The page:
Many Shen Yun dance dramas depict an elderly Taoist sage, with white hair and a trailing beard, teaching his disciples while brandishing a whisk. In Journey to the West, the Monkey King’s Taoist master has one, as do Taoists in Shen Yun dances A Vanished Dream, Splitting the Mountain, and several opening numbers. But what is it?
The Taoist whisk is made by binding animal hair and hemp together with a wooden handle. Taoist priests and monks carry them during their spiritual wanderings. Zen Buddhist abbots also wield whisks when giving sermons. The whisk thus symbolizes the majesty and solemnity of spiritual teaching.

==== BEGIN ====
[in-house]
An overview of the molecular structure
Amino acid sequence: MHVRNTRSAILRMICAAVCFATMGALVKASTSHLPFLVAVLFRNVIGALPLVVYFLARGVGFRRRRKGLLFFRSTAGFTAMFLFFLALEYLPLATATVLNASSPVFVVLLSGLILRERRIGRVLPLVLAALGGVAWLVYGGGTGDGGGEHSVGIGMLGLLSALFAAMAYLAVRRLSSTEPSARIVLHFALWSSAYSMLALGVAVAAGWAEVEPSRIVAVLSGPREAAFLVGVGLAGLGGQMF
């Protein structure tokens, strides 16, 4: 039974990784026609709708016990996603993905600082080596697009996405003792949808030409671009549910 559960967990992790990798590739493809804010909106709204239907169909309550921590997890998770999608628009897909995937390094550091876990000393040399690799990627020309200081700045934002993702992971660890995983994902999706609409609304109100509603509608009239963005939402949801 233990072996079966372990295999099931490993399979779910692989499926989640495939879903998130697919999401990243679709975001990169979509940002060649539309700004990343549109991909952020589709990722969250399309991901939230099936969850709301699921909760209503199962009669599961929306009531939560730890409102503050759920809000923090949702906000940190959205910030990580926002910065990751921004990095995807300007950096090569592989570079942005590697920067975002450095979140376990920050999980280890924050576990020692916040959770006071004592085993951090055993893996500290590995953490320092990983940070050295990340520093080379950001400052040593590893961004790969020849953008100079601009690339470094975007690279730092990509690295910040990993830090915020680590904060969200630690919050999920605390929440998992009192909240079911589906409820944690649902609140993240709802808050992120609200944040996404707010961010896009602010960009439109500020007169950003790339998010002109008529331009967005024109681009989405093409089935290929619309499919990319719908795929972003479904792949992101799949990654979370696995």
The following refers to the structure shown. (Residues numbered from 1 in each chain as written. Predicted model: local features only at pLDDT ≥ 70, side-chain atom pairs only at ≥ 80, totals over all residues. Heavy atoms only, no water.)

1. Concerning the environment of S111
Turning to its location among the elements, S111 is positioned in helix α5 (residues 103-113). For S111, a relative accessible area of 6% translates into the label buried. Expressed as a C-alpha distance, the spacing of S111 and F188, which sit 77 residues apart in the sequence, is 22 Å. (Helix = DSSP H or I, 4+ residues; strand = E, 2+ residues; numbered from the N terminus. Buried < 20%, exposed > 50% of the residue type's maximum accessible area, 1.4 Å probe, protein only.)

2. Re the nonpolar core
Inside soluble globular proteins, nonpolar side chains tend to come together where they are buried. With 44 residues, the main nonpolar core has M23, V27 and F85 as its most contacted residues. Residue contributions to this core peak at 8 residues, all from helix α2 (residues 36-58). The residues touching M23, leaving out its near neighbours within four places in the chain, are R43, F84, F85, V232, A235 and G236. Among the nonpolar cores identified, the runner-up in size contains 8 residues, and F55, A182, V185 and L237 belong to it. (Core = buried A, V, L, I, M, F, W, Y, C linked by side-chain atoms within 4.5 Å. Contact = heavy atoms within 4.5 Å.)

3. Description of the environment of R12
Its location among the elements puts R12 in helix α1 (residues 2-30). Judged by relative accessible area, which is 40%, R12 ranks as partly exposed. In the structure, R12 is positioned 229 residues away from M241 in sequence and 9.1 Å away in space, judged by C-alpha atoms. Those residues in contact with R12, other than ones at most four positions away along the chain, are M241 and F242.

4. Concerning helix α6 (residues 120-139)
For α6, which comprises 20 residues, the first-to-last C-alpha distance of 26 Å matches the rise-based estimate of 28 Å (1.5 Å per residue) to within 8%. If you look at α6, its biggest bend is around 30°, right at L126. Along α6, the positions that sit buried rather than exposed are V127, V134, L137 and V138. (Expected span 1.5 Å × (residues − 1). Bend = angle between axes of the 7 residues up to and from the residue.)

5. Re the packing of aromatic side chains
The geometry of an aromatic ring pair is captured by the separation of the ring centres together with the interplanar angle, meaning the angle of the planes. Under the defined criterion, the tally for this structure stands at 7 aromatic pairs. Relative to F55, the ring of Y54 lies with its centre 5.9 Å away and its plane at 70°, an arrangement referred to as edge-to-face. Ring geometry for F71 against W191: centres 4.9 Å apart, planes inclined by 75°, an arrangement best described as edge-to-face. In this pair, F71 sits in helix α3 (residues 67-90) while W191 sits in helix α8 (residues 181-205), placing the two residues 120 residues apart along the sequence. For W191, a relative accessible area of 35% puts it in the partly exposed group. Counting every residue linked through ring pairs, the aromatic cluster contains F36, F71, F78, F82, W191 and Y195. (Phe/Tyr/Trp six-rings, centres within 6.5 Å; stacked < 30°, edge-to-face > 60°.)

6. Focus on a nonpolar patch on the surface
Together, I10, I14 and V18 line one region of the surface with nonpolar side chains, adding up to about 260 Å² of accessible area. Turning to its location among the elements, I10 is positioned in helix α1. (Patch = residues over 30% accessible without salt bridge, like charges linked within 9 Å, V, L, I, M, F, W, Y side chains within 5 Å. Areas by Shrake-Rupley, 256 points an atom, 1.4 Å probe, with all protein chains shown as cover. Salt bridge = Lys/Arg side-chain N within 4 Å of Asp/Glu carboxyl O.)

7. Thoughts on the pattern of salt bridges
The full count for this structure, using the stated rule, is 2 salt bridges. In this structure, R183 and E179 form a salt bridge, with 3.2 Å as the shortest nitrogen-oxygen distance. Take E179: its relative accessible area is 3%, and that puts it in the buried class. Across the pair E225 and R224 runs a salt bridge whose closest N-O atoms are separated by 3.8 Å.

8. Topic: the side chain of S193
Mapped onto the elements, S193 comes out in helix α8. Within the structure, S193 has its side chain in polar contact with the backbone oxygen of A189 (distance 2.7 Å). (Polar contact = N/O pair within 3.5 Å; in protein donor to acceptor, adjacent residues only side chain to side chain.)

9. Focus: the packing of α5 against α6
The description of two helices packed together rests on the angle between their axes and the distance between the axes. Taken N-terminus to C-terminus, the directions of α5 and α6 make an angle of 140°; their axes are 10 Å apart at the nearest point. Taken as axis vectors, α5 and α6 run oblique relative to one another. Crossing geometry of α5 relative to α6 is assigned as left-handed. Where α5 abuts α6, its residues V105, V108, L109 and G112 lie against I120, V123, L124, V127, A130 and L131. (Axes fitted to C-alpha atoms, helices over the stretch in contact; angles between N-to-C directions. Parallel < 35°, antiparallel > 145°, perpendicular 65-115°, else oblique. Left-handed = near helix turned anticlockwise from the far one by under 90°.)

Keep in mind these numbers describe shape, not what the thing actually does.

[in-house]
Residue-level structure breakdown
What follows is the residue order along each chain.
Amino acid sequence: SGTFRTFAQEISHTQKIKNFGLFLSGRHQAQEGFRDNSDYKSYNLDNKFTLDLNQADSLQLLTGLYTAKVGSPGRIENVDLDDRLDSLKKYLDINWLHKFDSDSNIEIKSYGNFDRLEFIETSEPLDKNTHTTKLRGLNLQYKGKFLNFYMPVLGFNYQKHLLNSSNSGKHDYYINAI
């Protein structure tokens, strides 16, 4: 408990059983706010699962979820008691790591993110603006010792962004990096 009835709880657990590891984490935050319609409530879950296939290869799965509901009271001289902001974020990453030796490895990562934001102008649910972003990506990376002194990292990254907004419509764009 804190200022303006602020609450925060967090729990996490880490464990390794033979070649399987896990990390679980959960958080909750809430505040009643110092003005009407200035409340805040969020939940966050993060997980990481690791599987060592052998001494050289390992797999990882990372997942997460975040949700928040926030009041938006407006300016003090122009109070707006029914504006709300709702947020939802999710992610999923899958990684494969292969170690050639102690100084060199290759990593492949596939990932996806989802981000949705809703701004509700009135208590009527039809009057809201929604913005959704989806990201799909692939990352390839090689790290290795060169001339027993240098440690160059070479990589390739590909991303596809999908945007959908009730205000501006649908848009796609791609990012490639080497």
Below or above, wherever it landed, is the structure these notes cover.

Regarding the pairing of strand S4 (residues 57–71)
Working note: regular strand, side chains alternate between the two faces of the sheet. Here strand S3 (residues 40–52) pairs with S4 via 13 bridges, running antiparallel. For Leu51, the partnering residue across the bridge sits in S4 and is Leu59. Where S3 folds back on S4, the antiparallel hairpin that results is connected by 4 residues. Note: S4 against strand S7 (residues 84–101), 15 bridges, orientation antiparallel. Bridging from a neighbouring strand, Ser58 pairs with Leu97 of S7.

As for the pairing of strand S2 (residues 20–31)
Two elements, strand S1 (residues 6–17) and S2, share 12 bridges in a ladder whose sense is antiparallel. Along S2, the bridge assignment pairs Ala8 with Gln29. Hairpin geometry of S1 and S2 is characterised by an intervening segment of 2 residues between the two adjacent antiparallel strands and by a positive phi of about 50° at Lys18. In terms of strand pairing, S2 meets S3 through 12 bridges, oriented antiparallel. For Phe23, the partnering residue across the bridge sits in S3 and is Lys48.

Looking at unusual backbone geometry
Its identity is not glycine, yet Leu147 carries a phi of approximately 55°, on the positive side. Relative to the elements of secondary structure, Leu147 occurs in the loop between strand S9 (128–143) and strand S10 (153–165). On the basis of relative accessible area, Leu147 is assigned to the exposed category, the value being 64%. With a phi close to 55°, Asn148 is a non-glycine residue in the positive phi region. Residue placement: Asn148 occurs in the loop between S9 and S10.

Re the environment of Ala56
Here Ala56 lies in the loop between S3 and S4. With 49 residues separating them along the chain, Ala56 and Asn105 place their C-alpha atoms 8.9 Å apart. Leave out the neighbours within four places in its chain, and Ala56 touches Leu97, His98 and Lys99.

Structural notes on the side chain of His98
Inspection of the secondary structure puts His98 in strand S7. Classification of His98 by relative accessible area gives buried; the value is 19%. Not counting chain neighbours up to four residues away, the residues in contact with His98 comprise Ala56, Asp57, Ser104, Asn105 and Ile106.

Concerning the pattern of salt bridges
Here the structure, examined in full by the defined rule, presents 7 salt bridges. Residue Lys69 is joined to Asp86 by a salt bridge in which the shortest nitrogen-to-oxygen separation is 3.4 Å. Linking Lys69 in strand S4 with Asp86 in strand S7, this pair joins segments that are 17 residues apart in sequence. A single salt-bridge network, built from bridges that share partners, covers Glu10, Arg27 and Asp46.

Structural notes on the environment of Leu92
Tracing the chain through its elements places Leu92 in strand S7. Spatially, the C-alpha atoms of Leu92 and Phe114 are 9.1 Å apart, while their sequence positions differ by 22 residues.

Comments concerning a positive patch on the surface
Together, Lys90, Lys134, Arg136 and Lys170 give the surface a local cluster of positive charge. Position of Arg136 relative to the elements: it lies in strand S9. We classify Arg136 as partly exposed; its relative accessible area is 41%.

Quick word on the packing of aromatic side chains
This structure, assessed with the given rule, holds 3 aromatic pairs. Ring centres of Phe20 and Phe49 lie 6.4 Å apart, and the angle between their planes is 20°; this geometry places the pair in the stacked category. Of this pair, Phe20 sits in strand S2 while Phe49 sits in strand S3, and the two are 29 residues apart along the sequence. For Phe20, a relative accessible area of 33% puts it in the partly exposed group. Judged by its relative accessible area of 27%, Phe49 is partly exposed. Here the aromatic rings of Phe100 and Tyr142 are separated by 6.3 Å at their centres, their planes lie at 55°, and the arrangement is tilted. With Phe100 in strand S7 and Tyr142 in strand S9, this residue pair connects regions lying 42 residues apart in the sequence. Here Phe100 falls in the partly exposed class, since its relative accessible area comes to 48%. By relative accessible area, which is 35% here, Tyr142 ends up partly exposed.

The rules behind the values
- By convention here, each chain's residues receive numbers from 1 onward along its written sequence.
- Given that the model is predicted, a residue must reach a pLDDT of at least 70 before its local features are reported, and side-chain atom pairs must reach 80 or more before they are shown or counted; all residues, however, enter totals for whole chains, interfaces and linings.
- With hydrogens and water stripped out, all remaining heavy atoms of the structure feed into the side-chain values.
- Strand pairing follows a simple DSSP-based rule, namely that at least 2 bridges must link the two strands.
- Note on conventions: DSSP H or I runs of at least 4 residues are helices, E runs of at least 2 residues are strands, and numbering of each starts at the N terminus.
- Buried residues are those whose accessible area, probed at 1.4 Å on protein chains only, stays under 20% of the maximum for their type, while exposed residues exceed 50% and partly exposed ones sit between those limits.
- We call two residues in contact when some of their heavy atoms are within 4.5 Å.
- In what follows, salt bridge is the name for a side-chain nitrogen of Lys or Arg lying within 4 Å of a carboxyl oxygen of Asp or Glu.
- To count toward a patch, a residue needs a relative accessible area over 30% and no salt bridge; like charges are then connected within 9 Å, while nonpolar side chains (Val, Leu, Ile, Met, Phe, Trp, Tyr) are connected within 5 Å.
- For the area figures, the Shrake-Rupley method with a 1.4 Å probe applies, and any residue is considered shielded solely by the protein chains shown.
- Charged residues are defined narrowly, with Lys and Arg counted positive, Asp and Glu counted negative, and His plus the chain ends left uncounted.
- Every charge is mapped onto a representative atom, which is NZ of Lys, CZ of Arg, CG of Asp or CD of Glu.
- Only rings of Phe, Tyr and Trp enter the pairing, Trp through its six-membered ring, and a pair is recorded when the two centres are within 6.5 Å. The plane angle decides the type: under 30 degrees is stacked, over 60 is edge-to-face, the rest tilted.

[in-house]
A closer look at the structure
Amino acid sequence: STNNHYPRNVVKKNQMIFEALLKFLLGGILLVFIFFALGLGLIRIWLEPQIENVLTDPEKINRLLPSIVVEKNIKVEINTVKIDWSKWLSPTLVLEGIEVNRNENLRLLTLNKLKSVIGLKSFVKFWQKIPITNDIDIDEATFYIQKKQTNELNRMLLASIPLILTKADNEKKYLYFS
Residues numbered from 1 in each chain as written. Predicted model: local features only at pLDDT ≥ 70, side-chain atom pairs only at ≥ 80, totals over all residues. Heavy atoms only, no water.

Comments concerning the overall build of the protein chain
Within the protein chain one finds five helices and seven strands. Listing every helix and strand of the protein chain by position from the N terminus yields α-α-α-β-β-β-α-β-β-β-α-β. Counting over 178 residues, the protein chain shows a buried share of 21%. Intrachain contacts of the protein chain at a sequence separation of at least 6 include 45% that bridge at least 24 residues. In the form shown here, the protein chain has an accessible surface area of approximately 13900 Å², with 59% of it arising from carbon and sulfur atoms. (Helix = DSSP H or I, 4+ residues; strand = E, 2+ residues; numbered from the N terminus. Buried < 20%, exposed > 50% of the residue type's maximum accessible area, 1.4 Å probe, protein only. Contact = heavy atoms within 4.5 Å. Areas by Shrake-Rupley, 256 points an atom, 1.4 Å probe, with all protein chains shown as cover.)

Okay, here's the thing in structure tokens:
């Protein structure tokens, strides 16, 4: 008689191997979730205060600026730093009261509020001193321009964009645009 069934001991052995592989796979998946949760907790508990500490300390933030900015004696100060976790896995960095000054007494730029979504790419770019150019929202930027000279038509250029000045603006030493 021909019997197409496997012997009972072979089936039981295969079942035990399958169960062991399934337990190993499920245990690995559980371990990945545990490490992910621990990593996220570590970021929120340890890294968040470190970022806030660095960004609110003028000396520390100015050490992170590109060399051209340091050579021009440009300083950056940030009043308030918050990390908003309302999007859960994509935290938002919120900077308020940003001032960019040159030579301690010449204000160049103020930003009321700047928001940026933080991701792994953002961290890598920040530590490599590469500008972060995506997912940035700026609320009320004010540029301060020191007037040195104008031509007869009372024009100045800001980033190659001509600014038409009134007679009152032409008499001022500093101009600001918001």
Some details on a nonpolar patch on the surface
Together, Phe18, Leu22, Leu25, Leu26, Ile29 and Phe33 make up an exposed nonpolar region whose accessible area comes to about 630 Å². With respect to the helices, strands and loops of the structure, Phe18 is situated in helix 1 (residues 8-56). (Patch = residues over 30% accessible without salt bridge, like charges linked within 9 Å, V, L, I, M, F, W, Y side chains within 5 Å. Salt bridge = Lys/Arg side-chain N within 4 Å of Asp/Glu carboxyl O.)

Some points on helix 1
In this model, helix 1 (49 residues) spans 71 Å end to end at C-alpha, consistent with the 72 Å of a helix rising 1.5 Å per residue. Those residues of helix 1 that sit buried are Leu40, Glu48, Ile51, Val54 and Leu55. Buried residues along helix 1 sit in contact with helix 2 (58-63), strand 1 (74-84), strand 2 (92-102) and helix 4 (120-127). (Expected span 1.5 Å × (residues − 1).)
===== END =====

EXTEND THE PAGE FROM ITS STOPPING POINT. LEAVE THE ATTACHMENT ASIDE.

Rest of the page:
In Taoist culture, whisks are believed to have the power to sweep away one’s worldly desires and carnal thoughts, imparting a sense of transcending the mortal realm. Another interpretation portrays demons and evil spirits as the filth of the world, and Taoist whisks as magical instruments with the power to exorcise them.
The whisk is also a well-known Chinese weapon. Typically called a horsetail whisk, it often features in Wudang kung fu. Mastering the art of brandishing a whisk empowers one with the ability of self-defense. The whisk’s form and movements are unique, being both soft and hard, graceful and free. Practicing the whisk requires not only agility, but also a harmony of temperament and spirit.